It appeared there were plenty of people opting out Wednesday at McCarran International Airport -- opting out of National Opt-Out day, that is.
The effort to rally passengers to refuse the full-body imaging scanners and instead submit to a pat-down did not appear to take at McCarran, where travelers moved swiftly through security lines. Passengers arriving from various cities throughout the country also said they had not encountered any hassles or delays.
Jeremy Martin and Alberto Ortiz flew in from Wichita, Kan., where they had observed no protesters. When asked whether they would have a problem using McCarran's scanners, each said no.
"In my opinion, people are overreacting," Martin said.
"I don't have a problem with it," Ortiz said of the "naked" scanners and the pat-downs. "When things get by, people ask, 'Where was security?' Then when they go through security, they complain."
Around the nation, the planned protest seemed to fizzle.
Most Thanksgiving travelers selected for full-body scans and pat-downs chose to submit to them rather than create havoc on one of the busiest flying days of the year.
In fact, in some parts of the nation, bad weather was shaping up as a bigger threat to travelers' hopes of getting to their destinations on time.
For days, activists had waged a loosely organized campaign on the Internet to encourage airline passengers to refuse full-body scans and insist on a pat-down in what was dubbed National Opt-Out Day. But as of Wednesday afternoon, the cascading delays and monumental lines that many feared would result had not materialized.
"It was a day at the beach, a box of chocolates," said Greg Hancock, 61, who breezed through security at the Phoenix airport on the way to a vacation in California. He was sent through a body scanner after a golf ball marker set off the metal detector.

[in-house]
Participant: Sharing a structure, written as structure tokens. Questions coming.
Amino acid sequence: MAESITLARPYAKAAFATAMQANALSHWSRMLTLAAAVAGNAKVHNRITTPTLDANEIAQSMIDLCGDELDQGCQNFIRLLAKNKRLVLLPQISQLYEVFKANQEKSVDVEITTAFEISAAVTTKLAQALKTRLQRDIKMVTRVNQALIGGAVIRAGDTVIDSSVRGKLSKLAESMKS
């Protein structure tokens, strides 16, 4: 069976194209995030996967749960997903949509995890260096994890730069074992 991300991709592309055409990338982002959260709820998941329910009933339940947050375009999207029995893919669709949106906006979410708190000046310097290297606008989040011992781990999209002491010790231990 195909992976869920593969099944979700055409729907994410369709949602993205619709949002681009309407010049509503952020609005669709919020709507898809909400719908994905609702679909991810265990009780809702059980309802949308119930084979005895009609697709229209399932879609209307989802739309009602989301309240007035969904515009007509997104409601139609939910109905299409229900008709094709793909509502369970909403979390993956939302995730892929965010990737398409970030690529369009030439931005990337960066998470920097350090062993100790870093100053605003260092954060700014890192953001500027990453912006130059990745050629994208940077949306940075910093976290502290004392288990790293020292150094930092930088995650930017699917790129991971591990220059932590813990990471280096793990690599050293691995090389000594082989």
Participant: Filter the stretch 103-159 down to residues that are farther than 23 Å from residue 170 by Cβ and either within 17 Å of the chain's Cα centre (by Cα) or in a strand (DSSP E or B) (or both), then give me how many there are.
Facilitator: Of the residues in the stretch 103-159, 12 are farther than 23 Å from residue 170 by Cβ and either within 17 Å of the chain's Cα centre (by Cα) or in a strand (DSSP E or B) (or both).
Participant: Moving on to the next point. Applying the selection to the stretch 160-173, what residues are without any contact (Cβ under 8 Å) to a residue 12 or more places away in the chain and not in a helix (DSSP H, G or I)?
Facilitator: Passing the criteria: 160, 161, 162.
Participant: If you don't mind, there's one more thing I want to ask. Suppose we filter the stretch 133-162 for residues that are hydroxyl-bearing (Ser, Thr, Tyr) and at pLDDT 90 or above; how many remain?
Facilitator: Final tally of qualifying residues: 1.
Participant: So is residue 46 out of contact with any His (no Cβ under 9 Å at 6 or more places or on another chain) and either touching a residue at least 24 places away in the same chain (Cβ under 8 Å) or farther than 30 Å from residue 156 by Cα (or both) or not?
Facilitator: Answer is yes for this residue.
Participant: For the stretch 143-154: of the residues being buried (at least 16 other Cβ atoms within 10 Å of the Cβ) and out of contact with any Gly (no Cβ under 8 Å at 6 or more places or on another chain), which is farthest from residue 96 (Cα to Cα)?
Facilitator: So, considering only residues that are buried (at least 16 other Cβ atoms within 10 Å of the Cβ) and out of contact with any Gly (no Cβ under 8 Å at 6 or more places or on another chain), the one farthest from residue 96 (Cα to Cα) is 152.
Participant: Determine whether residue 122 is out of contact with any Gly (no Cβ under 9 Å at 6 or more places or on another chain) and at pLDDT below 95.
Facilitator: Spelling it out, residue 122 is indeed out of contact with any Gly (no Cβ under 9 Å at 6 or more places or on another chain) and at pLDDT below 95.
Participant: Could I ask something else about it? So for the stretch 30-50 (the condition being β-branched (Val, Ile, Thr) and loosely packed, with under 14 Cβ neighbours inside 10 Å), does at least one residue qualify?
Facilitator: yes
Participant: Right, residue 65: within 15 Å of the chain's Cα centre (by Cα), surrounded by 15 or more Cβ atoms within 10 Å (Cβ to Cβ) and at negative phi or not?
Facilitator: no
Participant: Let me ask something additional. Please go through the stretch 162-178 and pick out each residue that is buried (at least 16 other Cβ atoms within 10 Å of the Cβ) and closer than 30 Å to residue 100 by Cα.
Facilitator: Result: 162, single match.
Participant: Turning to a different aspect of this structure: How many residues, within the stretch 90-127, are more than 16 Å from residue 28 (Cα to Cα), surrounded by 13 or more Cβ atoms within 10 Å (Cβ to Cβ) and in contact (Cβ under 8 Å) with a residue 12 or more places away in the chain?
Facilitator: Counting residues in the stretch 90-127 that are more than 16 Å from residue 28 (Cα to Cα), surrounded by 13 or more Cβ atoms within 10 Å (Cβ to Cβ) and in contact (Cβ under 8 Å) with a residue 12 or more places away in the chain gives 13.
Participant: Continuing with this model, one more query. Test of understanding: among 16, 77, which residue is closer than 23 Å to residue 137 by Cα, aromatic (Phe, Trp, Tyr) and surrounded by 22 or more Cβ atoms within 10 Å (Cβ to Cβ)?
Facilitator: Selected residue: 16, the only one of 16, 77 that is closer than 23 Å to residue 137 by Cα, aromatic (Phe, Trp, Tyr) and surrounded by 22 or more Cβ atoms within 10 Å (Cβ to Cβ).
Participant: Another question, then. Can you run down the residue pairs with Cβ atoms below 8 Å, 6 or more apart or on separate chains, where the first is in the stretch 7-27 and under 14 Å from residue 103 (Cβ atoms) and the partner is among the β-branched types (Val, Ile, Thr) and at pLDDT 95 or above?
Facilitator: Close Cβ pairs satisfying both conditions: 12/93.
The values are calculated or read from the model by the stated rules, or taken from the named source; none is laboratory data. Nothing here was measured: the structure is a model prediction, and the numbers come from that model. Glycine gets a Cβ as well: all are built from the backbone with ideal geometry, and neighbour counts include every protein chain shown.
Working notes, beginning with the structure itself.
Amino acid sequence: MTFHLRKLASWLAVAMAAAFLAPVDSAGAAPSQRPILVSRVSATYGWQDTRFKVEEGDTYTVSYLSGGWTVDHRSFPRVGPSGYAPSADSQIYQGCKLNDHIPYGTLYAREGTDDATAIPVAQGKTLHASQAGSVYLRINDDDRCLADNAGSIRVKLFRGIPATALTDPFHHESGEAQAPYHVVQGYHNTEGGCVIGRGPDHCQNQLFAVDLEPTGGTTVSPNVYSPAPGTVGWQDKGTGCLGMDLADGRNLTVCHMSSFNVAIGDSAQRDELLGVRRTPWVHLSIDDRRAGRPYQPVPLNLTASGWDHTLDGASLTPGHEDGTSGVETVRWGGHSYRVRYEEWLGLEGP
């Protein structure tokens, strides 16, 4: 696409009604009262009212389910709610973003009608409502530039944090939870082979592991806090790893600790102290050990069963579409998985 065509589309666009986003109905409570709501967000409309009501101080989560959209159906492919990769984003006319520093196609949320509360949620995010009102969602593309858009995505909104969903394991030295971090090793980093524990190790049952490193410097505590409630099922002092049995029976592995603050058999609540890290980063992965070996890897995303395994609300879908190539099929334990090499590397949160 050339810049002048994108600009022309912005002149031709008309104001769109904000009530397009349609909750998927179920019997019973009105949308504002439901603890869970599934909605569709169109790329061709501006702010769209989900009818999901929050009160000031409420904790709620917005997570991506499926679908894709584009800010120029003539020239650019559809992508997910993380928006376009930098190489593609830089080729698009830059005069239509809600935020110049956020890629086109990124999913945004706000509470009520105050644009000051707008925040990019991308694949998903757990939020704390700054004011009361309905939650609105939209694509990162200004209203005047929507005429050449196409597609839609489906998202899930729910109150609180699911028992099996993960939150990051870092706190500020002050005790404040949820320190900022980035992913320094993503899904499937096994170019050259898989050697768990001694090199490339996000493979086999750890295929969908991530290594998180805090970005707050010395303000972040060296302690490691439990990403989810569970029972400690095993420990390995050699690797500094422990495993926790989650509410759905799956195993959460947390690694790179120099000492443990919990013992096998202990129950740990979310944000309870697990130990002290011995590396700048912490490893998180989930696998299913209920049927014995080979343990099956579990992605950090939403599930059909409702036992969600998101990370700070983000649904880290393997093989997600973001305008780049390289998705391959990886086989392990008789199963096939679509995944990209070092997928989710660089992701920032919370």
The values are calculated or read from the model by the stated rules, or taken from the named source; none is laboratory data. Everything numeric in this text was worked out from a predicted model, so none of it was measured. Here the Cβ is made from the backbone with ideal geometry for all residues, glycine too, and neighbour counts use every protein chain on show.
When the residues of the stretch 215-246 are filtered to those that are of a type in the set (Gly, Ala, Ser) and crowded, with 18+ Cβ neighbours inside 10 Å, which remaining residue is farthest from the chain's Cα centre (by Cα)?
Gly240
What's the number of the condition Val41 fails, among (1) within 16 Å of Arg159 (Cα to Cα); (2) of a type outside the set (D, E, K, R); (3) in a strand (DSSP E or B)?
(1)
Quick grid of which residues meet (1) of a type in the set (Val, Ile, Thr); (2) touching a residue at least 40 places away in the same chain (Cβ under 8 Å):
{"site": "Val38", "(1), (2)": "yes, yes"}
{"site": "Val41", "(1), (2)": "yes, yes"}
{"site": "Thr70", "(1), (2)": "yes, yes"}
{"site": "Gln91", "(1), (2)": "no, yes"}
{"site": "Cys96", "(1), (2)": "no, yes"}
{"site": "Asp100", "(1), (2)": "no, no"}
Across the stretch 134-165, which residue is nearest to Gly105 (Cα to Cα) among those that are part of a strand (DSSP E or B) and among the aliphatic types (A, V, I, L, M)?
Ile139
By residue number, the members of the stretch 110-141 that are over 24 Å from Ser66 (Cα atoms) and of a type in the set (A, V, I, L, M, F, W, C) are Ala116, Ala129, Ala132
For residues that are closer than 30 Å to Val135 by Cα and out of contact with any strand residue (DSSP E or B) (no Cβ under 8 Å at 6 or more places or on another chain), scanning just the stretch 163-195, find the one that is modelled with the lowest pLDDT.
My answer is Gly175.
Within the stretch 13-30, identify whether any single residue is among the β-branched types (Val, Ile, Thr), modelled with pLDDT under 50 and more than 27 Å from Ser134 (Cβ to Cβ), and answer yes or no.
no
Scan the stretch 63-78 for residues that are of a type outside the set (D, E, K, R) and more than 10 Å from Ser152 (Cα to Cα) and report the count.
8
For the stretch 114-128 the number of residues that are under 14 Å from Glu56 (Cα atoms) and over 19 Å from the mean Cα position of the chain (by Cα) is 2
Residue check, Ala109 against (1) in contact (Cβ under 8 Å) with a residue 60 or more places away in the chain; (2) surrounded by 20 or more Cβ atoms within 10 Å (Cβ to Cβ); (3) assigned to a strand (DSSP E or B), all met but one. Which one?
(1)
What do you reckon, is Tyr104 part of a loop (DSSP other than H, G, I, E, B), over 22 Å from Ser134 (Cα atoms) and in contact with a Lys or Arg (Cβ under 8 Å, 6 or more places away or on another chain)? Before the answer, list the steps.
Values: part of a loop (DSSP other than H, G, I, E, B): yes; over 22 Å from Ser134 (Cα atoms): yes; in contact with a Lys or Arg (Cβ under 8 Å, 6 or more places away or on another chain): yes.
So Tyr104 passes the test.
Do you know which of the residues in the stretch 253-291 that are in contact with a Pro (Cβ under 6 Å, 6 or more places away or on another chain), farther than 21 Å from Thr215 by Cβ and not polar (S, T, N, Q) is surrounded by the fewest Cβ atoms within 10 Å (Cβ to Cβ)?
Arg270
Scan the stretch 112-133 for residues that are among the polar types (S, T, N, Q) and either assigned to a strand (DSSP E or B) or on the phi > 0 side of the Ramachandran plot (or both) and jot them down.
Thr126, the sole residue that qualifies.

His wife, Marti Hancock, 58, said that ever since she was in the air on Sept. 11, 2001, and feared there was a bomb on her plane, she has been fully supportive of stringent security: "If that's what you have to do to keep us safe, that's what you have to do."
The Transportation Security Administration said few people seemed to be opting out. Some protesters did show up, including one man seen walking around the Salt Lake City airport in a skimpy, Speedo-style bathing suit, and others carrying signs denouncing the TSA's screening methods as unnecessarily intrusive and embarrassing.
By most accounts, though, the lines moved smoothly, and there was no more or less congestion at major U.S. airports than in previous years on the day before Thanksgiving.
"I would go so far as to say that National Opt-Out Day was a big bust," said Genevieve Shaw Brown, a spokeswoman for the travel company Travelocity, which had staff at 12 of the nation's largest airports watching for problems.
The Associated Press contributed to this report.